Apple's new laptops have been generating complaints about the battery meter. The "time remaining" display has a bad habit of jumping all around and not giving the user meaningful information about how much time they can actually keep using the computer.
Getting this display right is a tricky problem, and it's a nice simple example of a situation that's common to a lot of dashboards and data visualization. The challenge is that you are trying to communicate a relatively simple and actionable message with a very complicated underlying system, where the person receiving the message isn't an expert and can't be expected to become an expert.
In the case of Apple's battery meter, the user wants to know roughly how long he can keep using the laptop before plugging in. But the complicated reality is that the laptop's power usage can vary second-to-second, and it's not always obvious what's driving the changes. You may be happily surfing the web and barely sipping the battery, but should you visit a page with a lot of animations (or worse--scripts to track your web viewing and serve you ads) that suck up the CPU, your battery usage will spike and time available will plummet.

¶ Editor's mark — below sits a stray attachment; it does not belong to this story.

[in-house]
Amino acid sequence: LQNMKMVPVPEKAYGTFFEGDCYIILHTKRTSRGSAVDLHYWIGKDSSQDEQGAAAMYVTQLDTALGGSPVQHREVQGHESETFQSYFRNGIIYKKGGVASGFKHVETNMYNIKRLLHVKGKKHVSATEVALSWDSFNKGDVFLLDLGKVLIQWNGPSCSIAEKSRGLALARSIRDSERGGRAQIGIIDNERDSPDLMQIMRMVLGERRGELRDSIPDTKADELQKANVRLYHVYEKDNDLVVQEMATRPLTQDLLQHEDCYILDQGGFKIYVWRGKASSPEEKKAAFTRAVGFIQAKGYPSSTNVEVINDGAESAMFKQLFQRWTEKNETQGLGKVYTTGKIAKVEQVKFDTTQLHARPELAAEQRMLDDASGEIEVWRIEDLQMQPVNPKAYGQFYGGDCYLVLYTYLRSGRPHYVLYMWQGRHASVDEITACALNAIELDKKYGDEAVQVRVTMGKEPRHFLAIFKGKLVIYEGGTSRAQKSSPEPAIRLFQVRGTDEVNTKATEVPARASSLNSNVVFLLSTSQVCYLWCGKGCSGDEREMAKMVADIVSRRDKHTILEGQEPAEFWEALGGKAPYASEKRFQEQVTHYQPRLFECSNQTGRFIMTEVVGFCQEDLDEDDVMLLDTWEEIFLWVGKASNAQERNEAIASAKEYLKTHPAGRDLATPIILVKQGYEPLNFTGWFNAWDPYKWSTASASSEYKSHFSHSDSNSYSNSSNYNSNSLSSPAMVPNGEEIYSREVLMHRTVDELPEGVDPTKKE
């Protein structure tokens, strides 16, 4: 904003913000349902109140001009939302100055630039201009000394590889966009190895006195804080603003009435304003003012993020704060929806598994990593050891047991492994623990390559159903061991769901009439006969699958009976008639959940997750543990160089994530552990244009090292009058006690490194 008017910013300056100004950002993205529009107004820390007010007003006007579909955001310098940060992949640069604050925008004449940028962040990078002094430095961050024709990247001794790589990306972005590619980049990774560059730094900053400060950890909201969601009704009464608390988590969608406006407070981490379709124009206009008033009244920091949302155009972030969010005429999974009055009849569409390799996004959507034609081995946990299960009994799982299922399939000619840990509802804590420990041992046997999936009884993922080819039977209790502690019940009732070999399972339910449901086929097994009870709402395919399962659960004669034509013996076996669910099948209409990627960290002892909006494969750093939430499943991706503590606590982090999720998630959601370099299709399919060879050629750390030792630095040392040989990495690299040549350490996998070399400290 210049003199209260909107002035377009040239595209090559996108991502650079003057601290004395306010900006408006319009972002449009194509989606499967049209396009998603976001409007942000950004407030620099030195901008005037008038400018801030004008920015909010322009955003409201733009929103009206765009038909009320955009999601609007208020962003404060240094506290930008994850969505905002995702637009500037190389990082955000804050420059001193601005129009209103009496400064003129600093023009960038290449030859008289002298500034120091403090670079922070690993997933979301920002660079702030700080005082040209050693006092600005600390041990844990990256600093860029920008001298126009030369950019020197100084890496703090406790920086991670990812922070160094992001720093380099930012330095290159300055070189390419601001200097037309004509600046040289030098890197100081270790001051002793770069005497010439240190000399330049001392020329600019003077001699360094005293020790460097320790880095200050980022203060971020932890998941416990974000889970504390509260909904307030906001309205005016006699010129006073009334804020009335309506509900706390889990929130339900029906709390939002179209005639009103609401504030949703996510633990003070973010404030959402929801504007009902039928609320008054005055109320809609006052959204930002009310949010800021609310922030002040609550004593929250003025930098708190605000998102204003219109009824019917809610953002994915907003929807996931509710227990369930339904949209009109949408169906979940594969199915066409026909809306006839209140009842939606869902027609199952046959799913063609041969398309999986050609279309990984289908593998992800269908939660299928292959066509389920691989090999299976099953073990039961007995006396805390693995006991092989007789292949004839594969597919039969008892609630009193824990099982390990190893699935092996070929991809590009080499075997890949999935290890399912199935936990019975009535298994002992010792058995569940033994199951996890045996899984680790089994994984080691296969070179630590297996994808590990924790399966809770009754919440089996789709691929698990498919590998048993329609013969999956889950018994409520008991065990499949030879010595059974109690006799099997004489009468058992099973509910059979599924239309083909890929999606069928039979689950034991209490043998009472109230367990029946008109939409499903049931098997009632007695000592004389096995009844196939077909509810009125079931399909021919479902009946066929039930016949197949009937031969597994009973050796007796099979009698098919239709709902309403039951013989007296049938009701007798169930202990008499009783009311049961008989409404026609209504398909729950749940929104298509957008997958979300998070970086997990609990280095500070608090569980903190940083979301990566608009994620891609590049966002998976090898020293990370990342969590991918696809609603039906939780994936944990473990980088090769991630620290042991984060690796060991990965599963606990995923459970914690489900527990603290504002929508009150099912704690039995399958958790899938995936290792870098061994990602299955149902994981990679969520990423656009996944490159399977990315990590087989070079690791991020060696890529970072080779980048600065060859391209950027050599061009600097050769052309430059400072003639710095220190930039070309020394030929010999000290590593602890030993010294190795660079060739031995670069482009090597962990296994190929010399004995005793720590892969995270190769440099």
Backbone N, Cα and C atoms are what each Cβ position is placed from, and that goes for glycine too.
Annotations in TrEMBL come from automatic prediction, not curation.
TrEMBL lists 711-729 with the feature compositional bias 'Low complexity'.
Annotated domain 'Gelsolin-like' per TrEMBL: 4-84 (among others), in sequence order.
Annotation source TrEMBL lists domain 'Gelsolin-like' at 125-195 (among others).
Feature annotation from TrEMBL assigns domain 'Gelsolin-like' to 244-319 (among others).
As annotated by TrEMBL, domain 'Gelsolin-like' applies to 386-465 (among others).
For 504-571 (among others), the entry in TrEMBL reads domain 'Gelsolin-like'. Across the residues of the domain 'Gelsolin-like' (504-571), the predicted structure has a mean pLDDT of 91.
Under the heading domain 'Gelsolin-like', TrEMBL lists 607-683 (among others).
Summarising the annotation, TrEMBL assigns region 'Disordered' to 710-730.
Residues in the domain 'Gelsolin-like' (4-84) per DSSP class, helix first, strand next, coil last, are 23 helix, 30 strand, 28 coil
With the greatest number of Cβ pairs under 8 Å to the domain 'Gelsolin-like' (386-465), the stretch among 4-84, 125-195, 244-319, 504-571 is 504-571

Juice Analytics took a look at this problem recently, and provided some different ways to better communicate the nuances of laptop battery life. In all likelihood, none of the options will be completely satisfying to the typical user who just wants to know if he has enough battery to watch The Matrix to the end.
But just like in the business world, where leadership may want simple answers to complex questions, sometimes it does a real disservice to give people the data they think they want. The challenge is to find a simple way to communicate the data they actually need.